Unpick history and inform originality as you restore at least 3 pieces of antique furniture on the course.

Furniture restoration is integral to our 30-week furniture course

One the things that marks our woodworking course out as being better than other woodworking courses is our focus on antique furniture restoration.

Throughout the year students will learn about restoration and, most importantly,
will undertake their own furniture restoration projects.

Over the 30-week course each student will restore three genuine pieces of antique furniture. One week of every term is set aside for these projects and we supply the furniture.


a sample restoration project before restoration begins  the finished item, after restoration is complete


Practical Woodwork: Satisfying the Customer

Very early in his career, Anselm discovered that over-polishing restoration pieces did not satisfy clients because it removed character.

On our woodworking courses, students learn how to bring a piece of furniture back to life while maintaining its patina (which Anselm describes as being “the scratches in the wood under the polish, the scratches in the polish and the smudges and dirt in the wax above the polish”).

We consider it to be a very important, highly-challenging skill to learn.

A New Perspective

Furthermore, in a recent survey of past and present students, we discovered that, while many people came here with a general desire to ‘do a woodworking course’ or ‘do a furniture making course’, over 90% said they left with genuine interest in furniture restoration.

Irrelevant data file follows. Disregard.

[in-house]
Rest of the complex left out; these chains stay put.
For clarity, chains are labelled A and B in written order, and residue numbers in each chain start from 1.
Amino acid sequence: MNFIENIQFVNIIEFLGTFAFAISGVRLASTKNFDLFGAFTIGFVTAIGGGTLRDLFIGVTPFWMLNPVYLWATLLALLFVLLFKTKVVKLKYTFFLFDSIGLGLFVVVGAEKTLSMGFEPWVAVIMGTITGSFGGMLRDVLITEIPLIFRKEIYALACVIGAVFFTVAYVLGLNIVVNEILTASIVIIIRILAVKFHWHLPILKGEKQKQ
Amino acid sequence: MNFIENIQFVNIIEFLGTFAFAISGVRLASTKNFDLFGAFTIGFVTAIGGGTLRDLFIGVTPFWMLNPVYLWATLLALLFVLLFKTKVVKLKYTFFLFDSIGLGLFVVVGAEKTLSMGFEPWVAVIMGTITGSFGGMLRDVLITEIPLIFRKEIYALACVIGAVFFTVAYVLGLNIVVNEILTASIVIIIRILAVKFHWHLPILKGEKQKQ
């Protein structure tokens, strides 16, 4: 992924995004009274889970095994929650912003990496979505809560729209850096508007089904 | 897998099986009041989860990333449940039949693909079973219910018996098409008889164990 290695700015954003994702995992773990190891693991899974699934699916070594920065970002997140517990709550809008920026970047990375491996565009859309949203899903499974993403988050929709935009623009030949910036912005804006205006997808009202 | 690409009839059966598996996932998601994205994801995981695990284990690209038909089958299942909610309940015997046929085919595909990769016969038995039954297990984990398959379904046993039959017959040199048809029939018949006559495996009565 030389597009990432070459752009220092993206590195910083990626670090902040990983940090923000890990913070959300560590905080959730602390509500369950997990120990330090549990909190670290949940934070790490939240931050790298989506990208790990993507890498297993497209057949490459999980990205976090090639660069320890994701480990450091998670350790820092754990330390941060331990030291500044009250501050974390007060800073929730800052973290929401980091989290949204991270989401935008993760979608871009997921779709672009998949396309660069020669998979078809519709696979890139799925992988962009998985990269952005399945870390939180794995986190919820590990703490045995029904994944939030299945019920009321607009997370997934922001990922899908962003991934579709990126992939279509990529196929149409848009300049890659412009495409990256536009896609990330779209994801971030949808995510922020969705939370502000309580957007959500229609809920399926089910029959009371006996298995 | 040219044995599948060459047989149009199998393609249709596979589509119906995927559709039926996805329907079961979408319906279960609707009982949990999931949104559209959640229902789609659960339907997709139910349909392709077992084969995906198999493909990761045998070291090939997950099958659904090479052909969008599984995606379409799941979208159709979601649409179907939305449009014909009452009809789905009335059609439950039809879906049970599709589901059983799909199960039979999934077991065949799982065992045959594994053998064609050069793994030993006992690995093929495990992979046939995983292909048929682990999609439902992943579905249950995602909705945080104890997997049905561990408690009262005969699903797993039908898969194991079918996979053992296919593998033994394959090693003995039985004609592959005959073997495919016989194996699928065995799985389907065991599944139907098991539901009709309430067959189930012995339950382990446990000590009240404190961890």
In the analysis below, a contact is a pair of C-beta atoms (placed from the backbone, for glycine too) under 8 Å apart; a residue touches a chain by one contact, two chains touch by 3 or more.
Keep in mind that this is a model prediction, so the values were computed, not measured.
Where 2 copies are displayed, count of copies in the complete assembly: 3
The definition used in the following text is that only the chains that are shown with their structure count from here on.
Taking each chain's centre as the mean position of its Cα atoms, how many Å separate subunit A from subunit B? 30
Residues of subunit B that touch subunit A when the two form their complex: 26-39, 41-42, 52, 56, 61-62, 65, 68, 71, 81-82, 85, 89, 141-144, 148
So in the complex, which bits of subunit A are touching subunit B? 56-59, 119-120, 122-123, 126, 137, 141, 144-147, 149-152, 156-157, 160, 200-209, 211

Of course ‘doing woodwork’ and ‘making furniture’ are at the very core of our programme; that is why we offer more practical bench time than any other school we know of.

However, it is interesting to note how captivating furniture restoration becomes for so many people.

Inspiring Woodworking

Part of the reason is our history lessons are unique. Far from sitting in a classroom listening to dry lectures we encourage students to unpick history, literally. We take pieces apart and put them back together using original techniques.

Learning historical techniques in this way gives an excellent practical base for utilising a range of skills in the future.

Equally, for those with more of a design focus, furniture restoration will influence, inspire and crucially, inform originality.

Need more details about the course?

Visit our past student profiles

Have a look at our outline syllabus

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